Pre-clinical research has focussed on the mucolytic activity of heparin. Patients with obstructive inflammatory airways diseases, such as COPD and cystic fibrosis, often have abnormally high levels of extracellular DNA in the airway secretions (Figure 1A), that form a polymeric network contributing to the viscosity of the secretions making them difficult to expectorate. Retained secretions limit the delivery of inhaled drugs that target the airway epithelium and underlying tissues, and invite infection that further promote the inflammatory response. DNA also inhibits the activity of a number of antibiotics and supports the growth of bacterial biofilm, therefore the removal of extracellular DNA is a clinical imperative.
Ockham's research has shown that, when treated with heparin (Figure 1B and C) DNA networks dissolve and the thinned mucus is more easily expectorated. This is in part due to the activation of endogenous DNase I. Our research has also shown that heparin activates DNase I added exogenously to DNA networks (Broughton-Head et al . 2007, see publications).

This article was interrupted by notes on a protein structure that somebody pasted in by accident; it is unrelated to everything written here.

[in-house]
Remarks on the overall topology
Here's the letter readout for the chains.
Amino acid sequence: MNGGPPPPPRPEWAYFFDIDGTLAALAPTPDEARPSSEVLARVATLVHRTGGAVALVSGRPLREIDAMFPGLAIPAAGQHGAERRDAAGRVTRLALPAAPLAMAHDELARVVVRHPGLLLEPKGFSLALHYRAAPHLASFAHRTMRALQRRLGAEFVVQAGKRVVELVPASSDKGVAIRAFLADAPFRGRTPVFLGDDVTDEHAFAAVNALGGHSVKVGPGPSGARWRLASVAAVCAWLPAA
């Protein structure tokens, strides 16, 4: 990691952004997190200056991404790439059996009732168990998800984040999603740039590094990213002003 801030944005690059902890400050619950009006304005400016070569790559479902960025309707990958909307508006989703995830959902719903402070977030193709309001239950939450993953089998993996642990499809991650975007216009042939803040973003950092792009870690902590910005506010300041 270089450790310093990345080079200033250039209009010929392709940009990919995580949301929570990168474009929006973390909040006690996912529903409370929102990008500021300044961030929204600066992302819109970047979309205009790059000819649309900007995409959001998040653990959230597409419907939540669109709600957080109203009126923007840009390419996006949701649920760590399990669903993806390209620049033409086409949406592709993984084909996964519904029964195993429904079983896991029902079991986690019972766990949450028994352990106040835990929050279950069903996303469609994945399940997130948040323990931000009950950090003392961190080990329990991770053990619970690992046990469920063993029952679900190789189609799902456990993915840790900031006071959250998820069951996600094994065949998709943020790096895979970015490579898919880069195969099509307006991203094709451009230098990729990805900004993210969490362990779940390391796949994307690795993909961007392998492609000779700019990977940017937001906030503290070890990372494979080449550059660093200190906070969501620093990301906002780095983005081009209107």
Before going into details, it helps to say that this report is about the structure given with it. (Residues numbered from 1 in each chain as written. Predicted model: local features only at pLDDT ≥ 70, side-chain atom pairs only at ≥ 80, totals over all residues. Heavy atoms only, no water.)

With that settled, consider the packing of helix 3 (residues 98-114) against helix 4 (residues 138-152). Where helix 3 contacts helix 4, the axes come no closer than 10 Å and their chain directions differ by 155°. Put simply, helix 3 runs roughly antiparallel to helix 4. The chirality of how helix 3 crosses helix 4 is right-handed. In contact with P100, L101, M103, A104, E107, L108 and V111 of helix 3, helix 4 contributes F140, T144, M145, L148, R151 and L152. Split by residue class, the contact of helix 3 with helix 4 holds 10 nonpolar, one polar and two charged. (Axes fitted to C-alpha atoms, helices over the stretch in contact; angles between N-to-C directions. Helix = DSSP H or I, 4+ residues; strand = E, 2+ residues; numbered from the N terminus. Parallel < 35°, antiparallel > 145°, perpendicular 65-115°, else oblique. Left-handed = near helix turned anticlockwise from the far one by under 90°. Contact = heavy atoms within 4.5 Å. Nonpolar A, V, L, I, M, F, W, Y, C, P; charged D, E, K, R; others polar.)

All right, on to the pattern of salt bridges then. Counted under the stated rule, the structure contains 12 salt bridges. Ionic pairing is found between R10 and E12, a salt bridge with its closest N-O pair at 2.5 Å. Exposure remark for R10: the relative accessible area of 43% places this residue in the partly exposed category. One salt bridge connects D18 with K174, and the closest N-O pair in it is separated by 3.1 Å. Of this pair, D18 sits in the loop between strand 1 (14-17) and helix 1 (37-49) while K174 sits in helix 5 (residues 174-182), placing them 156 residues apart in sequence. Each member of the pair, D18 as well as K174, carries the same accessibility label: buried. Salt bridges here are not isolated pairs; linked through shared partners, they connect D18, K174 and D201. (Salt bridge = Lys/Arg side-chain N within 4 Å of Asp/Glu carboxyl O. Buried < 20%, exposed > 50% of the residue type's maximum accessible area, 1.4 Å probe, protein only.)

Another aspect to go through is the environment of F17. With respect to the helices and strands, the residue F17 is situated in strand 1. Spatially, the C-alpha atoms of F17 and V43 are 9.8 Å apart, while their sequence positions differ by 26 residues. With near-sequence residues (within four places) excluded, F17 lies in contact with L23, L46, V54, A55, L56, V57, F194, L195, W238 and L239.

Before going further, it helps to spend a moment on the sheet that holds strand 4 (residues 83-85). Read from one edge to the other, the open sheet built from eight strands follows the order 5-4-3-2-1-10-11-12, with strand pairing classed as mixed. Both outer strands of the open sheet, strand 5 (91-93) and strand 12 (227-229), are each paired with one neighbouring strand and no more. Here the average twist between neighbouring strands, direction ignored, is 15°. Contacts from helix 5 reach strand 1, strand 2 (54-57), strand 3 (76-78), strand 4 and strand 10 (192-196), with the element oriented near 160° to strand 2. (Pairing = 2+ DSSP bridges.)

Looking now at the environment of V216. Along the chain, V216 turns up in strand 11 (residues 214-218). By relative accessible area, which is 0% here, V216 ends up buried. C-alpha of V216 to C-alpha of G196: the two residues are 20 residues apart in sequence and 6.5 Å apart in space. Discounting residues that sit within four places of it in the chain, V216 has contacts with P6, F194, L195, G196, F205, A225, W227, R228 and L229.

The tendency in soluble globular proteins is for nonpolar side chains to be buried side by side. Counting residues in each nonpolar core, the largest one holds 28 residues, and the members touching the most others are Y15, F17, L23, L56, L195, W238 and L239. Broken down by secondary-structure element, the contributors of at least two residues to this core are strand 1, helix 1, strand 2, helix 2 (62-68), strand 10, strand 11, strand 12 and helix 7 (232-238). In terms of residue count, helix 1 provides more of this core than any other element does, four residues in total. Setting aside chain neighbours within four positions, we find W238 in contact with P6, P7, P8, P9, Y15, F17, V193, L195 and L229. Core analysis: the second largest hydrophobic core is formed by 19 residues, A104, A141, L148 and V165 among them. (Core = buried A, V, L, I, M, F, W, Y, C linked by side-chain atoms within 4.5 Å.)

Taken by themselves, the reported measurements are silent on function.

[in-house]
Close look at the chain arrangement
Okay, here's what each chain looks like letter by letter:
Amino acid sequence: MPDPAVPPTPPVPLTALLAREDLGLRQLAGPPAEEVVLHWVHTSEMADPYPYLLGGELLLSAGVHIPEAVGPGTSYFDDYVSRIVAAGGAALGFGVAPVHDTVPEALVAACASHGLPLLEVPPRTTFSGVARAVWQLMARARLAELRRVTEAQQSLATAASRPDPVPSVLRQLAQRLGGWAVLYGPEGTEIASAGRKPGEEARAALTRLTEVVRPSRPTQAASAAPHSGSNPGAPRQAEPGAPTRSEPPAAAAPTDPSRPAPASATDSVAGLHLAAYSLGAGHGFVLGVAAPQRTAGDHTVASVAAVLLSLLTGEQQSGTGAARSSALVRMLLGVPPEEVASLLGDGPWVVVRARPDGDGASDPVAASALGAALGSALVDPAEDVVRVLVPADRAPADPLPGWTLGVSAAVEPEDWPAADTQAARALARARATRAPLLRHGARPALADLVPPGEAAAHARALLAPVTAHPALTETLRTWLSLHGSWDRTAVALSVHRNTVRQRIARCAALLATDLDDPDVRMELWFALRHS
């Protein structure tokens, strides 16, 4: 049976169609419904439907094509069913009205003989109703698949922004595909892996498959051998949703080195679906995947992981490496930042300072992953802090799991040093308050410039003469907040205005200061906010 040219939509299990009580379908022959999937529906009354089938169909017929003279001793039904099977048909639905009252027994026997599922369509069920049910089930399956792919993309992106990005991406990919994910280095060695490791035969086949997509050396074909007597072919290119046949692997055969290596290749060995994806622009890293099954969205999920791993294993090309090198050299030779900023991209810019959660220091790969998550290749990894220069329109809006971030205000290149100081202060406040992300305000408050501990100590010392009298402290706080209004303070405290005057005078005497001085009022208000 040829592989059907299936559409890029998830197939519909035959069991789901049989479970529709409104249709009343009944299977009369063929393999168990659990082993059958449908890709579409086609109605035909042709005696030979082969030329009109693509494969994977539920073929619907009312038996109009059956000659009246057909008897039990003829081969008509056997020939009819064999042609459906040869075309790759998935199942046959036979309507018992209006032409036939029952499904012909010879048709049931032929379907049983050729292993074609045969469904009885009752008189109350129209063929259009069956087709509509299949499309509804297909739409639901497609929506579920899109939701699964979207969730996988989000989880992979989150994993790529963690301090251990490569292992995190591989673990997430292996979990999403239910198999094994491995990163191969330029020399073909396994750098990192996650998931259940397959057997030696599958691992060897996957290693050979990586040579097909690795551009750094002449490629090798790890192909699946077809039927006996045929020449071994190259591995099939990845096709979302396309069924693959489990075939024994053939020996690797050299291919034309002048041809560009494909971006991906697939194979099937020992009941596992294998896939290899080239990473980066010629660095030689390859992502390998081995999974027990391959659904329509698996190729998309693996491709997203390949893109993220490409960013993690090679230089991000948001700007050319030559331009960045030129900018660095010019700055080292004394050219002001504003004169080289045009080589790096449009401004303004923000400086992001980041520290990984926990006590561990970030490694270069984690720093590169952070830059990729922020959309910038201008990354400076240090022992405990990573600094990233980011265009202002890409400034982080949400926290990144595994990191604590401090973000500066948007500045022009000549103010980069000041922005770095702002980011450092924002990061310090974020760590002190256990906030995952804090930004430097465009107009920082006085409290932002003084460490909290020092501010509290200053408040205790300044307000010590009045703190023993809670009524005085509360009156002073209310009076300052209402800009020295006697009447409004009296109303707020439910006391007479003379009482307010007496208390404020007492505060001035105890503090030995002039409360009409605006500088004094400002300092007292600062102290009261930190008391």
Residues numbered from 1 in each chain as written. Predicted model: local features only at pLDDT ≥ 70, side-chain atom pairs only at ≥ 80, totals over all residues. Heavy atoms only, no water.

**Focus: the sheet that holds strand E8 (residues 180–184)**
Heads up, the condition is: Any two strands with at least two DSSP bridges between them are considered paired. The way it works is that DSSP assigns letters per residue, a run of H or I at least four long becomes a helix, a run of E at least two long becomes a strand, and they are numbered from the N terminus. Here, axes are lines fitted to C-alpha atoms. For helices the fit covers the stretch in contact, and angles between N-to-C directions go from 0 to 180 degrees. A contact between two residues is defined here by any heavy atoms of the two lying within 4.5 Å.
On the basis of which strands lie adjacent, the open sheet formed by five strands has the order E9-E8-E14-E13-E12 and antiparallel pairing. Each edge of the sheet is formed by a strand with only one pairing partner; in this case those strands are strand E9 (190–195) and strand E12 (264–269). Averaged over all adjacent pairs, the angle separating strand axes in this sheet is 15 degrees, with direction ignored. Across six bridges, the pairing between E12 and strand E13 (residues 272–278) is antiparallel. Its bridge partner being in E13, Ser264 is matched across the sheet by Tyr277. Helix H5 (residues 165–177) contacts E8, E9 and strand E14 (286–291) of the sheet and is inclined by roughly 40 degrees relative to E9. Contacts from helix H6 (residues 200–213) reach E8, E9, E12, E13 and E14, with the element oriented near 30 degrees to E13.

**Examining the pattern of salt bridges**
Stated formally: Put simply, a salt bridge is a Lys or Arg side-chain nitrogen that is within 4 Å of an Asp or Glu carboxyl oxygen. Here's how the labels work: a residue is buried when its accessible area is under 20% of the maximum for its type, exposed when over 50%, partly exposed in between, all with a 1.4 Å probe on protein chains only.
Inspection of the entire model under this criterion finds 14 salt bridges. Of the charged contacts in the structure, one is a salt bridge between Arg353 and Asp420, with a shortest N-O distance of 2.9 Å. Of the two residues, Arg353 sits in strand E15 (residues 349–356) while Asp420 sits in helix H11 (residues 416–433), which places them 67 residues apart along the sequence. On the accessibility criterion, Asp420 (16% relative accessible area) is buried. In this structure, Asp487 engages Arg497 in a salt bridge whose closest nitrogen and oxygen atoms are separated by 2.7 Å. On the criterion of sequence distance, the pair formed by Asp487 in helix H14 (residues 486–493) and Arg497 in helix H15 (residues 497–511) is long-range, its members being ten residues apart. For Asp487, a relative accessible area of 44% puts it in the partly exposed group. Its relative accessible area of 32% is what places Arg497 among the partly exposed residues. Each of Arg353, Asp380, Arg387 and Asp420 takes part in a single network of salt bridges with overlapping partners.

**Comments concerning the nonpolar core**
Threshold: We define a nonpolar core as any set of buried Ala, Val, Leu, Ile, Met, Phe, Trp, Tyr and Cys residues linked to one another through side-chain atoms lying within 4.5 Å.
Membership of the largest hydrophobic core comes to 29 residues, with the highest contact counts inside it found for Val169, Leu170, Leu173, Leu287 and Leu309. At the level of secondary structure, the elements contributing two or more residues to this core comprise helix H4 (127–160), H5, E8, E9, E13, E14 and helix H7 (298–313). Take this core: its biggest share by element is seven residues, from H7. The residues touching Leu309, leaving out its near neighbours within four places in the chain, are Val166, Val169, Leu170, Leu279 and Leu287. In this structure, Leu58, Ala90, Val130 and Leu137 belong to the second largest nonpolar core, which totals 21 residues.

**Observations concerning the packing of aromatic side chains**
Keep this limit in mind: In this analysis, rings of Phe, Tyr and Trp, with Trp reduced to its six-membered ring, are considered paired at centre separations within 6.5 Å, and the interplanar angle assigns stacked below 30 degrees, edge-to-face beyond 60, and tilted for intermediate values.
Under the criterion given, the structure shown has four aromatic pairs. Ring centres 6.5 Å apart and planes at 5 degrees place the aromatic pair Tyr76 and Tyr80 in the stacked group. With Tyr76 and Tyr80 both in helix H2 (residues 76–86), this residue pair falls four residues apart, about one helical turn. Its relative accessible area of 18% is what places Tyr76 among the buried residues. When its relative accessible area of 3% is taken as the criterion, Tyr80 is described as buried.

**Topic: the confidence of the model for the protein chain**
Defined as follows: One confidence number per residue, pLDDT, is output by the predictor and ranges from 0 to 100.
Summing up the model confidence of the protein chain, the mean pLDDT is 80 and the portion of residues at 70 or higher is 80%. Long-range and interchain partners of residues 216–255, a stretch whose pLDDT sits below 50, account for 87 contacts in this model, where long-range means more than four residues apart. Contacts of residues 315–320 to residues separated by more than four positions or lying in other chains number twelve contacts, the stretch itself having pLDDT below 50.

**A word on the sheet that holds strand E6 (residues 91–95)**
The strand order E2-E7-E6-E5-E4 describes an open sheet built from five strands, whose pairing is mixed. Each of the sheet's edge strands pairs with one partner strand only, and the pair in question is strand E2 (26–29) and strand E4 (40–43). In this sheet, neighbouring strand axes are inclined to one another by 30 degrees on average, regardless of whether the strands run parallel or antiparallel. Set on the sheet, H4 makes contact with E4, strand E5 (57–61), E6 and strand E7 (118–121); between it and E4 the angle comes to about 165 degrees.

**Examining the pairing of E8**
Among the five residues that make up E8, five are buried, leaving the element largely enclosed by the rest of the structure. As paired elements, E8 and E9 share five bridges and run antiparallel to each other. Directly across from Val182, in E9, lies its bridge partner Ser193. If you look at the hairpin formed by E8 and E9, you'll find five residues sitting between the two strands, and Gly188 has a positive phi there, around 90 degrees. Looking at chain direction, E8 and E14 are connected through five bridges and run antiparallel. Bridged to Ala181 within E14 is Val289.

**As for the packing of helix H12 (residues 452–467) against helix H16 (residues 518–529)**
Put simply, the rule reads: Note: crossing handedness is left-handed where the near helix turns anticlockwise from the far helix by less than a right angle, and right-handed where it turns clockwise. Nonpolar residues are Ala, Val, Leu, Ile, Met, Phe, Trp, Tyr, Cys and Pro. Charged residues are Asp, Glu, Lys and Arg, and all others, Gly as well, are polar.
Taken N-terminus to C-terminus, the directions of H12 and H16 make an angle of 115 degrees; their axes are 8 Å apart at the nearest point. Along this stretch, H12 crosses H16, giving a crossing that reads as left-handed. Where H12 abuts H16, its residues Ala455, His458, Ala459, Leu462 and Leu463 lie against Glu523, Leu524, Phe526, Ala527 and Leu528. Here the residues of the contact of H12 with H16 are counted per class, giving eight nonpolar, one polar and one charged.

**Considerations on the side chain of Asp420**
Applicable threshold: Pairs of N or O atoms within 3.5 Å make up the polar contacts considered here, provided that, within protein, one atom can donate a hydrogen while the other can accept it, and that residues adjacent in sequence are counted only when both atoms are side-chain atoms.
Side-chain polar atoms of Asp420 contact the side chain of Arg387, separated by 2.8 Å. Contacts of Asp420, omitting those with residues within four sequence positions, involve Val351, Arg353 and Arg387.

The described effect leads to the opportunity to improve mucus clearance and the delivery of other inhaled drugs, including corticosteroids and bronchodilators, to underlying cells and tissues.